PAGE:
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Stanley Milgram's Obedience Study

Essay by   •  June 2, 2018  •  Book/Movie Report  •  421 Words (2 Pages)  •  329 Views

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Stanley Milgram’s experiment attempted to investigate the impact of enforcement and authority on the obedience of an individual. What was being tested was to see whether or not the subject would obey the authority figure. However, the only true subject in the experiment and the actor would be oriented that the experiment is about conditioning and learning through punishment. Given that the subject would have no other choice but to be the teacher in the experiment, he would be asked to administer shocks if the learner answered incorrectly. The results of the experiment showed that most, if not all, participants complied despite the fact that the learner or the actor would already be telling the teacher that he was already in discomfort when the shocks were being delivered to him. The participants would still continue because, as how they would reason out, it was what the experimenter would tell them to do.

The experiment took place in a secluded room where the participants would think that they are not being observed from the outside, when in fact, that was not the case at all. The design of the experiment was perfect given that the subject would be made to think that he or she is participating in an experiment about learning and punishment, when in reality, the experiment is actually about one’s obedience to an authority figure. The experiment was also very timely as it was dedicated to the genocide that happened during World War II, when Hitler ordered his men to burn millions of Jewish people. Milgram was curious as to why these soldiers could do such things to innocent people with just a command coming from a single authority.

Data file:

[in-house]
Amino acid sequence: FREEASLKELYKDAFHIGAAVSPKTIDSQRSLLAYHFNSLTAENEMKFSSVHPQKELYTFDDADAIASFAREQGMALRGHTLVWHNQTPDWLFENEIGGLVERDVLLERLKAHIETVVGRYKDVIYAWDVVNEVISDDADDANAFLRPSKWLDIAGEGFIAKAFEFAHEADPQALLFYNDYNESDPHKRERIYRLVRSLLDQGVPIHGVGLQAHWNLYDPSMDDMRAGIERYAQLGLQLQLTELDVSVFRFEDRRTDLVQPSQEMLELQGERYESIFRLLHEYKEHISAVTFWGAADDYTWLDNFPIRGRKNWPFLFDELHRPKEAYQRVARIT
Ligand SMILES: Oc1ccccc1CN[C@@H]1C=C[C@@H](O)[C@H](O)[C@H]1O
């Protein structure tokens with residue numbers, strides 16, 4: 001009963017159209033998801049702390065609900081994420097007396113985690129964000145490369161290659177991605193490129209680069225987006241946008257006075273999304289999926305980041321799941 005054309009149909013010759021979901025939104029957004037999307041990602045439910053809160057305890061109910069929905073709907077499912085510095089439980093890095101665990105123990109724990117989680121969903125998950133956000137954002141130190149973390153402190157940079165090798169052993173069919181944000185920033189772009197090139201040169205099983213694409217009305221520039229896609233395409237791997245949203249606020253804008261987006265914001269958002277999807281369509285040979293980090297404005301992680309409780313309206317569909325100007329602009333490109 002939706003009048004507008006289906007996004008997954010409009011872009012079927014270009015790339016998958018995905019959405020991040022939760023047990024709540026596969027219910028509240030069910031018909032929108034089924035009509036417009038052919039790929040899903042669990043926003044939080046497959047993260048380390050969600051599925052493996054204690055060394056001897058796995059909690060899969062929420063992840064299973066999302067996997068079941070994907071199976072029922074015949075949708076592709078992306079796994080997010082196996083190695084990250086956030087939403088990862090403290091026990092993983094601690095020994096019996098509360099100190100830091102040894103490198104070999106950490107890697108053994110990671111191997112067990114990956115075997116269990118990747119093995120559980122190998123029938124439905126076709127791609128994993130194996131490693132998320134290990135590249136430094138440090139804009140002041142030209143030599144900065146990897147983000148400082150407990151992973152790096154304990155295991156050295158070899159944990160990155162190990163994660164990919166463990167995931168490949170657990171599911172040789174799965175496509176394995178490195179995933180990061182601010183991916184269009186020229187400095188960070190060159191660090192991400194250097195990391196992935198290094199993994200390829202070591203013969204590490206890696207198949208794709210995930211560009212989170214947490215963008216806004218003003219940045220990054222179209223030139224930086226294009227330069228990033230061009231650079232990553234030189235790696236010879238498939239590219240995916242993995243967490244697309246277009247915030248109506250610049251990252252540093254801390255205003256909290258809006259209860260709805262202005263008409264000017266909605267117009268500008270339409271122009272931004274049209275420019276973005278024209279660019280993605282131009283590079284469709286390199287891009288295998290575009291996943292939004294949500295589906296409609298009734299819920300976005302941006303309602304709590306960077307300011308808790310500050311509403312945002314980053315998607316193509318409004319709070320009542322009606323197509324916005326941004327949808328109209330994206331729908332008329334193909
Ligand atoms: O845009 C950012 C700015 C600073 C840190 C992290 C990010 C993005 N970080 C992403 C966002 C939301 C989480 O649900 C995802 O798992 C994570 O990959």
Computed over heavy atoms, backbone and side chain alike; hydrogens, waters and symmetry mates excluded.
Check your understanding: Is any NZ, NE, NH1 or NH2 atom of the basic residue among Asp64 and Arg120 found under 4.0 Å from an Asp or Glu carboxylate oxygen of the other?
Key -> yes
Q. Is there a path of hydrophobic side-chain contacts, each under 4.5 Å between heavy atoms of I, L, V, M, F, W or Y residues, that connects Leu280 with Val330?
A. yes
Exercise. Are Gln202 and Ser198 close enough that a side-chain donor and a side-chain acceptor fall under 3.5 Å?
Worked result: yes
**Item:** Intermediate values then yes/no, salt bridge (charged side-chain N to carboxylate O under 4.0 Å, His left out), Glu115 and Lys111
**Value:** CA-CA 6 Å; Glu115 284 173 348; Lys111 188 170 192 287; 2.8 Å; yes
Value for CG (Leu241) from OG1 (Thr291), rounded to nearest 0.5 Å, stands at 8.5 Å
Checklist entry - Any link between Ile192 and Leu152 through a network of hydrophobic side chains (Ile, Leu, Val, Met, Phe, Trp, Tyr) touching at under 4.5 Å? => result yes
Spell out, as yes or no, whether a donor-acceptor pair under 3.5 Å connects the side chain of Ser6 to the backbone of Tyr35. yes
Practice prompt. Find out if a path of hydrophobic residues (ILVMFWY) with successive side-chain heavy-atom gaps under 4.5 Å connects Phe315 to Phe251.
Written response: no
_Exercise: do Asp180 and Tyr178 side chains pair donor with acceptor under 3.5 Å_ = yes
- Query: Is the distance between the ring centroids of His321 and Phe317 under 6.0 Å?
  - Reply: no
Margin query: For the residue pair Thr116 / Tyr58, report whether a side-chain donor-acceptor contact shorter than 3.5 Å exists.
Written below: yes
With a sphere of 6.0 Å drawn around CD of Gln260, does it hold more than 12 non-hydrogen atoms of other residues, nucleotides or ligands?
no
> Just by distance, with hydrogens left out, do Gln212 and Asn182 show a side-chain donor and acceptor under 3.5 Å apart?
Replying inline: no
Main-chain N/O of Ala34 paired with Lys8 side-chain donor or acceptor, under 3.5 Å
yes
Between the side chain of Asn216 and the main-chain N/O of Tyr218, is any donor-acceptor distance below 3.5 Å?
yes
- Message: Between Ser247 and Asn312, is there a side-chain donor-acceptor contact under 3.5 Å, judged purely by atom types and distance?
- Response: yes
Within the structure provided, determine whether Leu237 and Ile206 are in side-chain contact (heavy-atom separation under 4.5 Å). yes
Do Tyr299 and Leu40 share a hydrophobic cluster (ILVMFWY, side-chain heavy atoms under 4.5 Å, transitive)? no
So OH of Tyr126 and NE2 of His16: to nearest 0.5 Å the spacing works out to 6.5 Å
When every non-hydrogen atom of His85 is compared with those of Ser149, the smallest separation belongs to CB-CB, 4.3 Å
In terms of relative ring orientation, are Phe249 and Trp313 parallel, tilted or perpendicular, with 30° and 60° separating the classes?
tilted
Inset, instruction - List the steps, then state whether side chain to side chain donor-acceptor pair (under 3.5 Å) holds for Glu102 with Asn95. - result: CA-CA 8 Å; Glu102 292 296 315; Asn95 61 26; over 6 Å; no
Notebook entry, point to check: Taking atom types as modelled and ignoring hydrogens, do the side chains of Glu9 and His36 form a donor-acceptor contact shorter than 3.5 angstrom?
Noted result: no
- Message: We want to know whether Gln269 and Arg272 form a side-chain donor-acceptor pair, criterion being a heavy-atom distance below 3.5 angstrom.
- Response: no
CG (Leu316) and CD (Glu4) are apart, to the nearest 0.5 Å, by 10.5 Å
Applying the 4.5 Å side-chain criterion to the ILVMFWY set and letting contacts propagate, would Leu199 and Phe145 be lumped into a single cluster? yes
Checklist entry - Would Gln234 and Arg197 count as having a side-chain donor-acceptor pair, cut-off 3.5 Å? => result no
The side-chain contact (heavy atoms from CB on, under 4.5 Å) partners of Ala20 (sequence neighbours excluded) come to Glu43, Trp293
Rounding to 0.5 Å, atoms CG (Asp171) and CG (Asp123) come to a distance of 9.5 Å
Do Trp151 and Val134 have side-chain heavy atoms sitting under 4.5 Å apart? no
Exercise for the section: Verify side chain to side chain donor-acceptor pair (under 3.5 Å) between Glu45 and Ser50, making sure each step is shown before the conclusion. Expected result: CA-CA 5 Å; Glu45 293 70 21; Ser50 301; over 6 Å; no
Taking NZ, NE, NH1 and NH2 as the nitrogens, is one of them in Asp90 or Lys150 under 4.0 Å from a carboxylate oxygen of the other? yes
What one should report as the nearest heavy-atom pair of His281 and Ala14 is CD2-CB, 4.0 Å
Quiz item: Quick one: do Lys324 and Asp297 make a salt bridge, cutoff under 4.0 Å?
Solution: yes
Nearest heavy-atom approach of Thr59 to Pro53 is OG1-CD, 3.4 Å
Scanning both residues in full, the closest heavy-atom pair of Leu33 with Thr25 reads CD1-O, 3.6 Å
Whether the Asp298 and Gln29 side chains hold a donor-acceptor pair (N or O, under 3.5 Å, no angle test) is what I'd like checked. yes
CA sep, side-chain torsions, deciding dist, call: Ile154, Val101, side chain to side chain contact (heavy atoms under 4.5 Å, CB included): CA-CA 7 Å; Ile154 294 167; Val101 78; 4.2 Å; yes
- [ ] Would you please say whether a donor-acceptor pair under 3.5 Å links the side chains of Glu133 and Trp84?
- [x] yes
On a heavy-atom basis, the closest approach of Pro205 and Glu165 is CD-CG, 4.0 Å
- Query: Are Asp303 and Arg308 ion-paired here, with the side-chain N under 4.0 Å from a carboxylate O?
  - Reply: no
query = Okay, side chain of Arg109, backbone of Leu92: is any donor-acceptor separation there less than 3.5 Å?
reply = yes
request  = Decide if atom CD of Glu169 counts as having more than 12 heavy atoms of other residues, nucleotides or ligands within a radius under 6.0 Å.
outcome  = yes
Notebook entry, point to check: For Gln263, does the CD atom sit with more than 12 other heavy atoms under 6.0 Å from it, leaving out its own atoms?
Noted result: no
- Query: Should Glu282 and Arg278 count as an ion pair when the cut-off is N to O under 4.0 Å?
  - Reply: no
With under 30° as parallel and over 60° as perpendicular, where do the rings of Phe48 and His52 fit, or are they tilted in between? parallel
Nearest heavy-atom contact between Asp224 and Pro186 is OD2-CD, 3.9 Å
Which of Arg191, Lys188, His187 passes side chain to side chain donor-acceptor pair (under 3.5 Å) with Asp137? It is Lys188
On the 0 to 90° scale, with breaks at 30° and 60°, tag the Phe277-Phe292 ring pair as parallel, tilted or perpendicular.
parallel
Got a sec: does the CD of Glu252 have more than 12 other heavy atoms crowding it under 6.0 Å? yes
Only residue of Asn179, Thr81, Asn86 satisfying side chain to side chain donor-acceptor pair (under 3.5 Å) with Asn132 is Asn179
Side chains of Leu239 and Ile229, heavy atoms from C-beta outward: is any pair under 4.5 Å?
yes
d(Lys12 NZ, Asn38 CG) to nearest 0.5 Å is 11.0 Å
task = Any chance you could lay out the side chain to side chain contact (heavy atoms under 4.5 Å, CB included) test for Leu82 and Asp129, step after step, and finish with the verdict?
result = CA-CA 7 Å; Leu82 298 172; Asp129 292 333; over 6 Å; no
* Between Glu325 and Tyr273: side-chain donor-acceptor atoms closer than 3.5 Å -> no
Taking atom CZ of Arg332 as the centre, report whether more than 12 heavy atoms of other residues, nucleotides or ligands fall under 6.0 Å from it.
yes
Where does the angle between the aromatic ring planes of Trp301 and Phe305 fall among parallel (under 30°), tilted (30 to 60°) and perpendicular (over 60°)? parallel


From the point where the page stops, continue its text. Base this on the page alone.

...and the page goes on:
Issues were brought up about Milgram’s Obedience study, and one of these issues says that it was unethical of him to trick the participants into thinking that they were actually administering shocks to the learner, which might have led the participants to believe that it was almost as if they were torturing someone because they were told to do so. It could be traumatic to them as they would assume that they held responsibility over what they had done to the learner in the experiment. Moreover, the experimenter induced anxiety and stress to the participants and it truly made them feel uneasy as it could be seen how they were arguing at first with the experimenter. It could be observed from them that what they thought was right was in conflict with what the authority wanted them to do.



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